While a positive response to a disaster will positively impact your reputation, it’s important to create opportunities for reputation building prior to an event. According to Reputation Institute data, as many as 41 to 60 percent of consumers are crucial fence-sitters who can swing to a positive or negative perception of a company because they don’t have a clear understanding of what that company is doing to impact the environment and society. This reputation currency will be critical if a disaster ever impacts your business, as 54 percent of stakeholders would give reputable companies the benefit of the doubt in a crisis.

Prior to experiencing a business interruption, you need to demonstrate your involvement in the community to allow for maximum marketing exposure and help you build trust with your stakeholders. What if you could leverage your business continuity resources to meet that goal?

Here’s a practical example: In 2016, FEMA declared 103 disasters. That's 103 opportunities to make an impact. Imagine deploying a mobile workspace with your company’s branding to the affected area. You could offer needed support, whether it’s providing a free service or distributing food, water and other essential items to members of the community. Even routine business continuity tests can be opportunities for reputation building if you involve the community in crisis response exercises.

When business continuity becomes a way to build the business rather than just another box to check off, management will find a way to get the resources you need to enhance your business continuity program. In fact, we’ve even seen businesses tap into budgets from other departments to make it work.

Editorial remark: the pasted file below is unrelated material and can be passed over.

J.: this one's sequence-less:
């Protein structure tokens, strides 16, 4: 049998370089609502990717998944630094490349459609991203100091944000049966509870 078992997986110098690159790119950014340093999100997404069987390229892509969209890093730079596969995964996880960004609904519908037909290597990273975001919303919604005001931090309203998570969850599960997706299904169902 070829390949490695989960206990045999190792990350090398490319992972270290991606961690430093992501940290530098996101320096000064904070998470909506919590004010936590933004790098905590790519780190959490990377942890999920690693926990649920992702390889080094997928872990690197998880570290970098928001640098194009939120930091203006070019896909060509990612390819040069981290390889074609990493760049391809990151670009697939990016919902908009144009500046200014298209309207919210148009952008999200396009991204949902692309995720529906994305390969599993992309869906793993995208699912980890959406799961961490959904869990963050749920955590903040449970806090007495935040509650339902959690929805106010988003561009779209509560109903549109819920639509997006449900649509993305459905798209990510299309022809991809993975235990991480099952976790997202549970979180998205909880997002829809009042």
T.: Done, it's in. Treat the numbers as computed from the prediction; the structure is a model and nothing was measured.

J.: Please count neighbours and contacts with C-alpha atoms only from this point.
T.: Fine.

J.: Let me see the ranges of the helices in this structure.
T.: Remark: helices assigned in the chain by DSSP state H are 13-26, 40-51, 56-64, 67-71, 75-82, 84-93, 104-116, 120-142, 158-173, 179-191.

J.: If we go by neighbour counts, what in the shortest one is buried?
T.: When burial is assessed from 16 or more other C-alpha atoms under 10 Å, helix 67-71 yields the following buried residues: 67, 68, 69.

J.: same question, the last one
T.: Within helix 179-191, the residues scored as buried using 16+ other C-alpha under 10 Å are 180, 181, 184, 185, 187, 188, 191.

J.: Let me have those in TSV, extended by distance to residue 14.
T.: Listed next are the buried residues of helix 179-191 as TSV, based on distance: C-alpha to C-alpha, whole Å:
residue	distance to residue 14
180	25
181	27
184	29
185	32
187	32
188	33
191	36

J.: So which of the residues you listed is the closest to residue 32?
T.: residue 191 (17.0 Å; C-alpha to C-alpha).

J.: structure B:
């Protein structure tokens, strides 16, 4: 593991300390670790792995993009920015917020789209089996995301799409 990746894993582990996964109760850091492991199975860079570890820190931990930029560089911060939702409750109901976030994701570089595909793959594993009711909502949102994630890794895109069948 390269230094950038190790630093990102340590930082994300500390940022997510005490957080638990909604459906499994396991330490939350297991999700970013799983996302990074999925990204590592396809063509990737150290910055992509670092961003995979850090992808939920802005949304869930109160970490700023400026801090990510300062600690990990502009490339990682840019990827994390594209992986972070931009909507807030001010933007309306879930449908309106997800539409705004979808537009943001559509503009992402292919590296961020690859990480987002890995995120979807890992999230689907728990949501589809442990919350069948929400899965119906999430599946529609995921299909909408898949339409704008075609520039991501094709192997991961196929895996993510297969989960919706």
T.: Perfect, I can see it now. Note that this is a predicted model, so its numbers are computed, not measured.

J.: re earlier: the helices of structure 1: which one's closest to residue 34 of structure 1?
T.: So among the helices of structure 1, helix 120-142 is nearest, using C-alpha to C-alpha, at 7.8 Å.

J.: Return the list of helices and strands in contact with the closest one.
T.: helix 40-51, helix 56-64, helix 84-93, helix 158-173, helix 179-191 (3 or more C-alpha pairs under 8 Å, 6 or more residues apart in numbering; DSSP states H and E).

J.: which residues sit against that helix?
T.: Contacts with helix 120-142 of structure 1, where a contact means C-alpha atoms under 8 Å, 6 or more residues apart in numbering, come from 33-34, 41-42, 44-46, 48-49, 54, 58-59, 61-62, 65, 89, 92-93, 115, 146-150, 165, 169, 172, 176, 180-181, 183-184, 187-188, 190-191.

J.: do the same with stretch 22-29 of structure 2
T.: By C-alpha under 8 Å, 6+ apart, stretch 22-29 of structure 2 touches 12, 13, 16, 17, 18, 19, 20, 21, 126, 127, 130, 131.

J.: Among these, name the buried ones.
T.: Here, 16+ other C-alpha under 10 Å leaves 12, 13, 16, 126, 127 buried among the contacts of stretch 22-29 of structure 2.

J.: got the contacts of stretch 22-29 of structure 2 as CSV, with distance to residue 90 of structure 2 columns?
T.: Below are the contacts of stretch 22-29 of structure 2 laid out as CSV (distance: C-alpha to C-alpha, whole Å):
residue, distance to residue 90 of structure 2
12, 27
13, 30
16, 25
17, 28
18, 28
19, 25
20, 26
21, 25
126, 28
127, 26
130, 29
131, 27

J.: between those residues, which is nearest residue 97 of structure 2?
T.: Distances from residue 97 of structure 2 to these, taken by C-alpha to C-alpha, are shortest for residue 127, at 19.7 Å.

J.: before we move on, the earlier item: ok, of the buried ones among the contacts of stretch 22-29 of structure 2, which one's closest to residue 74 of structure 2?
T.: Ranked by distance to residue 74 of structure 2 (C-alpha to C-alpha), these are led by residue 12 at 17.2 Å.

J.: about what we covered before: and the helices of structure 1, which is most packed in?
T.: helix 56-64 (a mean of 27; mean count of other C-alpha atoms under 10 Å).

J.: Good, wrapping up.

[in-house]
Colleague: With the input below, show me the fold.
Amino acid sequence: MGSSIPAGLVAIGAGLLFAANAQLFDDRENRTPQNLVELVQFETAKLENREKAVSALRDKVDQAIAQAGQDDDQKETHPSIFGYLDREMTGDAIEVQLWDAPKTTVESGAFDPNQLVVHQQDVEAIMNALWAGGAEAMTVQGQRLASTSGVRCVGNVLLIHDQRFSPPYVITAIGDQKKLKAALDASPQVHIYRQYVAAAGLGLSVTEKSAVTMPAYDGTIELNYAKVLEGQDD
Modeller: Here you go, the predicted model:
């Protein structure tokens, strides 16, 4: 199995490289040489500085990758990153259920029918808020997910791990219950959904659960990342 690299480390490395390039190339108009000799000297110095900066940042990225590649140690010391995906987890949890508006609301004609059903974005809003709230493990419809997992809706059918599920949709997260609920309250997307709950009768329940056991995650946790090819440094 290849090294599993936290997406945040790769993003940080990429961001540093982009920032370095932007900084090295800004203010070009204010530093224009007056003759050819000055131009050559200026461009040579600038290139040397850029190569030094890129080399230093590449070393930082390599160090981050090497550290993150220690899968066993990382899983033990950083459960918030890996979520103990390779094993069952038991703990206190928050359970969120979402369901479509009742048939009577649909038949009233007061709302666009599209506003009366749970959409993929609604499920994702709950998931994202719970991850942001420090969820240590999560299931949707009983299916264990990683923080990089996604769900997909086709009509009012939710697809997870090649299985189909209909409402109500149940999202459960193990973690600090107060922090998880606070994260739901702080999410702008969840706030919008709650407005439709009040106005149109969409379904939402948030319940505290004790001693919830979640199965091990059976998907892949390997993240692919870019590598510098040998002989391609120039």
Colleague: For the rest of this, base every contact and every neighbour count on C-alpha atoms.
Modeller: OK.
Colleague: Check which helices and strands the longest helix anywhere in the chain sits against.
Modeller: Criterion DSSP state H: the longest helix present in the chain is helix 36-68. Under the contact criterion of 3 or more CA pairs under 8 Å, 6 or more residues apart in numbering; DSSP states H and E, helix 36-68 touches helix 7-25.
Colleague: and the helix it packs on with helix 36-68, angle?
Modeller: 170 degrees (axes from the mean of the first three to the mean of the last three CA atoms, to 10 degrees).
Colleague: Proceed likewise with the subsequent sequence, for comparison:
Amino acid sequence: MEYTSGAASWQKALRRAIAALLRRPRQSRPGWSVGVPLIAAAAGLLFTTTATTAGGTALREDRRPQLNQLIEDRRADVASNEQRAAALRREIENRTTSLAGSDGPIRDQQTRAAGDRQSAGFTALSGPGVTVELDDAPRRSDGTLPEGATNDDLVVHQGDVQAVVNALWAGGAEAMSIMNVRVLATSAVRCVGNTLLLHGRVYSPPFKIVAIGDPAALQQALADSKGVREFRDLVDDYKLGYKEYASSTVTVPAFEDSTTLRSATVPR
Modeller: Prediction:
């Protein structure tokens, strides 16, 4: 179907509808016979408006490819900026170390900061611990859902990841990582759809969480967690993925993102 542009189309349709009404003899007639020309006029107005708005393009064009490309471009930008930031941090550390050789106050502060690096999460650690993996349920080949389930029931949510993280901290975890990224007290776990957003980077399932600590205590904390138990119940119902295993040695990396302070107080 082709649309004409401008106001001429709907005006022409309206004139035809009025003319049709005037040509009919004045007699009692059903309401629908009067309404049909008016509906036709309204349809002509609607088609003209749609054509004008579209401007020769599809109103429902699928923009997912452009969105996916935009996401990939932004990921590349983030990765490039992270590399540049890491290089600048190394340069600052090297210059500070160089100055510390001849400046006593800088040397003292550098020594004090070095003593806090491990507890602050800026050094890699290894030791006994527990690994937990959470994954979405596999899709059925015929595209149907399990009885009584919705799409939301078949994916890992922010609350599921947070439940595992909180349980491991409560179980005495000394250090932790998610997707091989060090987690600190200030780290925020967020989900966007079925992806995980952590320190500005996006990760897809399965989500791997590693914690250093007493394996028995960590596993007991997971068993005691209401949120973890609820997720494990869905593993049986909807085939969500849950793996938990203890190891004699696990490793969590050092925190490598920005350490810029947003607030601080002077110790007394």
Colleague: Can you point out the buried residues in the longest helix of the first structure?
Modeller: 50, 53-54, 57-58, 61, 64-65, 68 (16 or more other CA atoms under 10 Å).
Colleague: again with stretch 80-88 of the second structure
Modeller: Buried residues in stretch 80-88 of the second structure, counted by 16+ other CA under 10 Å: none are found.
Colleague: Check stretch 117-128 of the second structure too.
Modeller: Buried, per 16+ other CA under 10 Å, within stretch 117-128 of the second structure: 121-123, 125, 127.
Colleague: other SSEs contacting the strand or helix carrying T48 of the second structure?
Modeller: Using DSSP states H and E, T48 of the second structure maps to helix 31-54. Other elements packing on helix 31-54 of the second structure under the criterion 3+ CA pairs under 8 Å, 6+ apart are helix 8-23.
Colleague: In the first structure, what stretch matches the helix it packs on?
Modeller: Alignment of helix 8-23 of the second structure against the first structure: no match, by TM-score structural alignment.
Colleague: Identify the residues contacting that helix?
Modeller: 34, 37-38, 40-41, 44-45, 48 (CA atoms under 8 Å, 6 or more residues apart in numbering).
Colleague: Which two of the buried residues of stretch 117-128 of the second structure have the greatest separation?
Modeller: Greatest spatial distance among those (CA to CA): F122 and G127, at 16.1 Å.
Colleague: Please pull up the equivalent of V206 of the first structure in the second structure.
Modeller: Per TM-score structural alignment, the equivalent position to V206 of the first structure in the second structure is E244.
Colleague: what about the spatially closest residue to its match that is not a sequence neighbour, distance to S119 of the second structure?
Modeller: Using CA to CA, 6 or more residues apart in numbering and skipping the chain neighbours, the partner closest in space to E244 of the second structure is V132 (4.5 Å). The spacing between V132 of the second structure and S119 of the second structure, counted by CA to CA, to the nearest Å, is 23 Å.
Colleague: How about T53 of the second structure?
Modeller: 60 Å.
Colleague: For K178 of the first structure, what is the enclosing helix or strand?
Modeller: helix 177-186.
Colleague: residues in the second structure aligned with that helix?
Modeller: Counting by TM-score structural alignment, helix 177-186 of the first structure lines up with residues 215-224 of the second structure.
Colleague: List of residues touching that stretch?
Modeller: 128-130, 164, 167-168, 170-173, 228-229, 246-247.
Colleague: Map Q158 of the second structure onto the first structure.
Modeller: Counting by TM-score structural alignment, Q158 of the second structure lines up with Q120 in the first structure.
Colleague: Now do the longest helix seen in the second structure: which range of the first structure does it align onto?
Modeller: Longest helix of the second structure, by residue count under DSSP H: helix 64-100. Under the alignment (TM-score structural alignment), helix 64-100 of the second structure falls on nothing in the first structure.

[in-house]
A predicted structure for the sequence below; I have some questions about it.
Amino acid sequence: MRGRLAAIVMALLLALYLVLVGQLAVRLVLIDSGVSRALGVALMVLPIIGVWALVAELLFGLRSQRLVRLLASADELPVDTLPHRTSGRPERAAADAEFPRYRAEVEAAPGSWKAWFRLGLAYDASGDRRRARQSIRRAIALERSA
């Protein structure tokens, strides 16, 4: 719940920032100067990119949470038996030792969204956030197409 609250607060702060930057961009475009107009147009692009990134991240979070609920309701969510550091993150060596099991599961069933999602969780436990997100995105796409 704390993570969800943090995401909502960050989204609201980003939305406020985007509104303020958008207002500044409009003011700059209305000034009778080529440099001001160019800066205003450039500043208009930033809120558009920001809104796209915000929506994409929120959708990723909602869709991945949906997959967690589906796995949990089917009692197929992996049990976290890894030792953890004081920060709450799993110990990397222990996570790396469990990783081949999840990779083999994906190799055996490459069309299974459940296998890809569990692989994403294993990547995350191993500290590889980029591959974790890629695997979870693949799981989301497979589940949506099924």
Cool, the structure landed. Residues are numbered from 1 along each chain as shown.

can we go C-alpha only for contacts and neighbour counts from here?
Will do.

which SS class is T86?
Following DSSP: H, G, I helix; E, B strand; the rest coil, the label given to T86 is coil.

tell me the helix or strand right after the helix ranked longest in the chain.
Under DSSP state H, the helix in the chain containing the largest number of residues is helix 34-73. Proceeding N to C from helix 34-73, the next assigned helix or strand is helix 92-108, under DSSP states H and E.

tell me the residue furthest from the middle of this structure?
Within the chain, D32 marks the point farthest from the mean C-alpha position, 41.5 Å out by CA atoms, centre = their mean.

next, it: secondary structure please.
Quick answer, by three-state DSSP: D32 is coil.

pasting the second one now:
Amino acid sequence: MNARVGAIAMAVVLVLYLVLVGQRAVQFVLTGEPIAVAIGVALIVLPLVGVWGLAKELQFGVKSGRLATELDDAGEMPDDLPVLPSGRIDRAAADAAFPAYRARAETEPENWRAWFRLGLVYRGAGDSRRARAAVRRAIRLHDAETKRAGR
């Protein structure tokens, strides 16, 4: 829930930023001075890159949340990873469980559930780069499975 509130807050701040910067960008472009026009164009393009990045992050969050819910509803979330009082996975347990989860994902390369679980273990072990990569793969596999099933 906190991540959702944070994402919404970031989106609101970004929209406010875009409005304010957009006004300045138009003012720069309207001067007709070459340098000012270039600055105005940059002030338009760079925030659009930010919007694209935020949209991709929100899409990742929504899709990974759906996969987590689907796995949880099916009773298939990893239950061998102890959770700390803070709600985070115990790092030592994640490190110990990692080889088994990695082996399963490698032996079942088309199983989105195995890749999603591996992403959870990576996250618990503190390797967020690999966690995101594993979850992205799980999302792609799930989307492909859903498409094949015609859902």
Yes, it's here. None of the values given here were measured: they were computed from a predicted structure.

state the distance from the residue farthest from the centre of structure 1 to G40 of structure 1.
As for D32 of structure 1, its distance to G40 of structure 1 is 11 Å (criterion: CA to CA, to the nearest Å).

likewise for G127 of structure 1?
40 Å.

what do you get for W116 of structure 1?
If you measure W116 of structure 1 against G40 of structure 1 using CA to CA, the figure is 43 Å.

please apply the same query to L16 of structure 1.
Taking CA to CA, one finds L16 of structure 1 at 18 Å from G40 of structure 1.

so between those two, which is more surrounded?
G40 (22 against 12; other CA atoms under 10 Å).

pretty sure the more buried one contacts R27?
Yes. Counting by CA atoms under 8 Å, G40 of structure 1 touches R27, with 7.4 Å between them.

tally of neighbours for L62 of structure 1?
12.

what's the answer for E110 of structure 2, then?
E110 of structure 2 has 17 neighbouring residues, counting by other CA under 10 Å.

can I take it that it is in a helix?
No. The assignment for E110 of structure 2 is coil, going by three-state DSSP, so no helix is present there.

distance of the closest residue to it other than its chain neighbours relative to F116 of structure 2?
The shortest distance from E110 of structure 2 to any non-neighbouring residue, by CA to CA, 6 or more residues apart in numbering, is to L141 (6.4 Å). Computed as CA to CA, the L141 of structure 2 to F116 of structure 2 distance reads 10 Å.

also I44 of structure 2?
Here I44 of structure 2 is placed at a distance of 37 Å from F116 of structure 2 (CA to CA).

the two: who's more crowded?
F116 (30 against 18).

By demonstrating that you can deliver on your mission in good times and bad, you'll strengthen relationships with your stakeholders and even increase your market share.

Banks: What If You Made These Common Cybersecurity Mistakes With Cash?

“Data is the new currency” is one of the new slogans of the digital transformation. Modern consumers recognize the value of their data, and 67 percent are willing to share more data with banks in exchange for new benefits. Surprisingly, banks don’t always afford sensitive data the same protections they do for physical currency. While PwC’s 2017 Risk in Review report reveals that the financial services industry has strong cyber risk maturity overall, there are a few common mistakes that could be leaving your institution vulnerable. To give you an idea of the gravity of these errors, think of your cybersecurity practices in terms of cash management and physical security.

Transmitting Unencrypted Data Is Like Sending Unsecured Bulk Cash Shipments

Easily Hackable Encryption Methods
Would you ever transfer a bulk cash shipment to a major customer without using their armored carrier service? Not a chance. You know that that decision would not only be a liability for your institution, but it would also put your customer’s assets at risk and breach their trust.

Unfortunately, banks don’t always provide the necessary protection for sensitive data that customers expect. Data must be securely encrypted in transit and at rest, but 30 percent of FIs say they struggle to protect personally identifiable customer information. Many banks use easily hackable encryption methods such as Blowfish, 3DES, SHA1 and MD5. Instead, use an advanced encryption algorithm such as AES.